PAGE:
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A Sharing of Notes - HSN forum

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A Sharing of Notes


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#1 SomethingTypical

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Posted 28 May 2005 - 05:50 PM

Computing as we know is just a "learn the facts and spill them out onto the page" exam.
So let's share some notes that'll hopefully come up on Monday.

Fetch Execute Cycle
  • Set up the Address Bus
  • Activate the Read Line on the Control Bus
  • Memory access the relevant location and
  • Places content on Data Bus
  • Decode and Execute instruction

Servers
Peer-to-peer: Each station has the same status on the network. All stations can share files.
Client Server: Some stations are clients, some are servers. Only servers can share files
Print Server: Receives, stores and priotises print jobs from sations and prints them on a shared printer.
Web Server - Stores web pages and sends them to stations on request.
Mail Server - Recieves and stores e-mails and forwards them to their destinations.

Iteration
The process of repeating stages.

Macro
A sequence of instructions which has been stored and can be executed by issuing a single instruction.



My notes cover the new course.

#2 sparky

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Posted 28 May 2005 - 06:33 PM

Event-Driven Language - one which makes use of objects (eg command boxes). Procedures of code are attached to these objects and are activated by events (eg user clicking a button). They are useful in situations where you don't want a definite start/end point to a program, as the flow of execution lies with the user. eg Visual Basic

Declaritive Language - one which does not specify "how to solve a problem" but specifies the necessary data to solve problems. These are extensively used in AI to build Knowledge Based Systems. eg PROLOG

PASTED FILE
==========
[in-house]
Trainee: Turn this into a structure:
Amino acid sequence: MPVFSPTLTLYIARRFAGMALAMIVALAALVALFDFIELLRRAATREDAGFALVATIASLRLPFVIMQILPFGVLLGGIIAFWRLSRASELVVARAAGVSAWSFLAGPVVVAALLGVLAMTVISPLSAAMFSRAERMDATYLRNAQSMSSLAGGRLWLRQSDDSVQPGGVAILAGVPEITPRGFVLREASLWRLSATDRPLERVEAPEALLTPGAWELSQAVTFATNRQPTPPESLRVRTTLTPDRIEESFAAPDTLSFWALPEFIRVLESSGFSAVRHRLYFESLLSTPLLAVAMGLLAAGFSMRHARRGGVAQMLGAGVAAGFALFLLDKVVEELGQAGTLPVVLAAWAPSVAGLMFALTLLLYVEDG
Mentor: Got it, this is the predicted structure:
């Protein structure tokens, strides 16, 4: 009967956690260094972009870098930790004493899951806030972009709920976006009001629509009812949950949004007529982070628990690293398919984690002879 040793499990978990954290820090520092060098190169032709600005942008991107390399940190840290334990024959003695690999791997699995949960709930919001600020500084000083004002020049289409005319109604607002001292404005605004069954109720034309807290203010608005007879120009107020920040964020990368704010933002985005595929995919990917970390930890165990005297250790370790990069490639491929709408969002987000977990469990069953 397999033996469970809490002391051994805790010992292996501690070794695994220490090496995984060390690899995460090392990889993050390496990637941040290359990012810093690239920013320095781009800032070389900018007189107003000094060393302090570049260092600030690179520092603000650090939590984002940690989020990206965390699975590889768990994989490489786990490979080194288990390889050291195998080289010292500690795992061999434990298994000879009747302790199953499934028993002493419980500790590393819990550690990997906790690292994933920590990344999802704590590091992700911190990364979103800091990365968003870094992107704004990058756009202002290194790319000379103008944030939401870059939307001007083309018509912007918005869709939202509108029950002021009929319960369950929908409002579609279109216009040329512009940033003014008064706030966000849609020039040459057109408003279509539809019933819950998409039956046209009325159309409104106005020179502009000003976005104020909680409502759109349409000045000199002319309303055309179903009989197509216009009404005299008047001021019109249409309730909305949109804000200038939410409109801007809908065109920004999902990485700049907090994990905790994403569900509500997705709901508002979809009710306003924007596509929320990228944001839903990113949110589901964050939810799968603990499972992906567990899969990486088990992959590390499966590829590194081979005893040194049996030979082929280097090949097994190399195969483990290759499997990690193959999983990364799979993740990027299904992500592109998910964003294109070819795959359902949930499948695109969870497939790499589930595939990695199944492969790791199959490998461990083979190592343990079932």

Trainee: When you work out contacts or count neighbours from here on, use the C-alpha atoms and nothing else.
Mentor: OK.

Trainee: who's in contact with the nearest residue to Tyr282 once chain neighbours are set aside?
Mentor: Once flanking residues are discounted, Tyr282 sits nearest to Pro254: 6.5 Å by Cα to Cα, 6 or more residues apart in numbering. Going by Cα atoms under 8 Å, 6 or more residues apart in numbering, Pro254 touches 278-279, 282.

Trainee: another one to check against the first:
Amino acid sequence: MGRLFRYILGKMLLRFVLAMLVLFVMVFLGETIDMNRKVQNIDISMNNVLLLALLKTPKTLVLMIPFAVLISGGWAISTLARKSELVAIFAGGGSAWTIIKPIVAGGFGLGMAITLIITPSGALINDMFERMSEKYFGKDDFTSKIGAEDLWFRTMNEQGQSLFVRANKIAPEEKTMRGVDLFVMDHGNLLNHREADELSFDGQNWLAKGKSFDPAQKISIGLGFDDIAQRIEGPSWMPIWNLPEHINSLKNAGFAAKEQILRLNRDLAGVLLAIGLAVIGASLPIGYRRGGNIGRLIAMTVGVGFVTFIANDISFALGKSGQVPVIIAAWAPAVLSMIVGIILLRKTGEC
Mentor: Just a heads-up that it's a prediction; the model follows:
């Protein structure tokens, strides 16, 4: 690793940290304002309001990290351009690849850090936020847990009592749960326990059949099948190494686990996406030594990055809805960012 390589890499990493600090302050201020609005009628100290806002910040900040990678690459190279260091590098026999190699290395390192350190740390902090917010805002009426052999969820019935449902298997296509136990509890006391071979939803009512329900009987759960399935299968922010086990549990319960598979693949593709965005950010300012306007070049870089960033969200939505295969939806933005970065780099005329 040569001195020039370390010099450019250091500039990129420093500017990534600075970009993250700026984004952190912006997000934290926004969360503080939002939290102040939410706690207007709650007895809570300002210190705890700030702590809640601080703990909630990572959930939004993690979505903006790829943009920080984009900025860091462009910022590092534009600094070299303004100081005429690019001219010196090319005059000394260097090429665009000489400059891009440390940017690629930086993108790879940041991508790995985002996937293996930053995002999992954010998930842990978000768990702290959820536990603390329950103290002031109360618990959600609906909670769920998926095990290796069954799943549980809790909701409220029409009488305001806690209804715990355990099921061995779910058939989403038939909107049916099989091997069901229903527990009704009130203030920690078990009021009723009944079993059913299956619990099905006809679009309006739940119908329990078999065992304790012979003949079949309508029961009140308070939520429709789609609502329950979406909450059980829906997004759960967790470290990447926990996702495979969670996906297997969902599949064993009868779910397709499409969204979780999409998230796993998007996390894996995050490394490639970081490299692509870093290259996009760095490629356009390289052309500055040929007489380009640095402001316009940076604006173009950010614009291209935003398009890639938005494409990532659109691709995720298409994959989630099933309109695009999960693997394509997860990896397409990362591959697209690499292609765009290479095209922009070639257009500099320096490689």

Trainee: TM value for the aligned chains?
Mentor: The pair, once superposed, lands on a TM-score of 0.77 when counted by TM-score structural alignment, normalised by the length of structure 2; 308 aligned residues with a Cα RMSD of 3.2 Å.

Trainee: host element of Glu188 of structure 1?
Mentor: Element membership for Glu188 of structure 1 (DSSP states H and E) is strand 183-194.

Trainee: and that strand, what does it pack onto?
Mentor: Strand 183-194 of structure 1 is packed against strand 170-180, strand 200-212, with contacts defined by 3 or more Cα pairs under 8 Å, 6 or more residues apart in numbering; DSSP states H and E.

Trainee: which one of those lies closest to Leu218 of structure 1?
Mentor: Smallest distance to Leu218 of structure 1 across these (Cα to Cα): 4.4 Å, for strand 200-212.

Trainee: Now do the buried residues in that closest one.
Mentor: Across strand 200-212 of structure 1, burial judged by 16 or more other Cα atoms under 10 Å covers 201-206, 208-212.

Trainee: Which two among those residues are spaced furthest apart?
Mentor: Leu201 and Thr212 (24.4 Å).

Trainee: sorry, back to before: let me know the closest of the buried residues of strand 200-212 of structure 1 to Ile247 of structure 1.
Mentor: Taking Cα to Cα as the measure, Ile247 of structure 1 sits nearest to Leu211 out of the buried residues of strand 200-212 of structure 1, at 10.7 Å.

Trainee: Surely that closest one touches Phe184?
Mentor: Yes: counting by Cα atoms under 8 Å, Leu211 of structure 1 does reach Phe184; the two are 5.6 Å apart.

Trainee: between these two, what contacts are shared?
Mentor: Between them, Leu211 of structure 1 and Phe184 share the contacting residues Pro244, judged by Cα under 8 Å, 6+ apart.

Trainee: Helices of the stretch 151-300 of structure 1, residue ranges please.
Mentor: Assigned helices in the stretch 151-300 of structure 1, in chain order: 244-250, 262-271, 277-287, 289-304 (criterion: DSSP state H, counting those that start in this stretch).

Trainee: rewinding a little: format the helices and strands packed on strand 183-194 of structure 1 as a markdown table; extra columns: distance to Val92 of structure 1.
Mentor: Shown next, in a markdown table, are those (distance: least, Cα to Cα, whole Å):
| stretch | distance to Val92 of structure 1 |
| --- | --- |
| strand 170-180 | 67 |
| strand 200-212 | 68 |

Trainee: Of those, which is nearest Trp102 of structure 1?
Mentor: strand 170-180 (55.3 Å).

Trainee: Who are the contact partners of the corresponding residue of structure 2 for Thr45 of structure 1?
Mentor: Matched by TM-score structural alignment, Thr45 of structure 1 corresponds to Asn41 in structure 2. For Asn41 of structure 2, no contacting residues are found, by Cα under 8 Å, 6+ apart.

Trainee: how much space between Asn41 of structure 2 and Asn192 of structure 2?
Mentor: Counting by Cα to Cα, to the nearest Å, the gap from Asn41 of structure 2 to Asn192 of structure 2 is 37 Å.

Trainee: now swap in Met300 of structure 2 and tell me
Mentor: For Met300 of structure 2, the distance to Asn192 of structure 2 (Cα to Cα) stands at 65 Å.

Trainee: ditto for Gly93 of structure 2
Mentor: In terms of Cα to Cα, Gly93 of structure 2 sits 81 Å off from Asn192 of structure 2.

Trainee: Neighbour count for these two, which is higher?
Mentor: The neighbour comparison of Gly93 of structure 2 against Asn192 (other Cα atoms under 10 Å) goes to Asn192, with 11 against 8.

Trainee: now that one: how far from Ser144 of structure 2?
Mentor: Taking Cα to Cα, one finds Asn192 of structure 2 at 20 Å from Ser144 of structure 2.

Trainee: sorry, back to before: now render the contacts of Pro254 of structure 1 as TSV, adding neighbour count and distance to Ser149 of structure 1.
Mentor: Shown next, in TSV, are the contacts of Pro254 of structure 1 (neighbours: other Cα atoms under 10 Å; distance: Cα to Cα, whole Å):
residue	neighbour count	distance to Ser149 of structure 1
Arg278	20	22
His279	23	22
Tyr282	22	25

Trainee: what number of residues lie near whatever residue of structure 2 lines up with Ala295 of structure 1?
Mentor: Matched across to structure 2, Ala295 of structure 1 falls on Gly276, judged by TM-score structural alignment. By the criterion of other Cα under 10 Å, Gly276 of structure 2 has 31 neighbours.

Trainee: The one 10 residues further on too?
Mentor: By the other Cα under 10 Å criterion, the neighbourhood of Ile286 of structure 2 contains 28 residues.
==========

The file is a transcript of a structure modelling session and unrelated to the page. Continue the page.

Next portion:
Procedural Language - these usually are where you specify a set of instructions in a specific order to carry out the task. They usually have a main program which defines the sequence in which sub routines will be called. IE they have definite start/end points. eg COMAL

Scripting Language - these are often designed for use within a particular operating environment. Traditionally found embedded within application packages, allowing scripts(macros) to be written which allow functionality to be added to the package by making features not readily available in the end user menus available.
Mark

#3 sparky

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Posted 28 May 2005 - 06:46 PM

Features of Good Software :-

Reliablity - ensuring that the finished software does not fail due to design errors.

Portability - the ability of the software to work on other machines other than the one on which it was created. (Often a differently 'compiled' version allows multi-platfrom status).

Often portability is considered important as the more machines the software can work on the bigger the potential market => more money.

Robustness - software which does not fail during execution to due unexpected data input or errors.

Maintainable - the software has been written in such a way that it is easy to update at a later stage. (Factors which promote this are :- Use of meaningful variable names, internal commentary, a modular approach to design, high module independence (ie Have as few parameters passed between modules).

Tools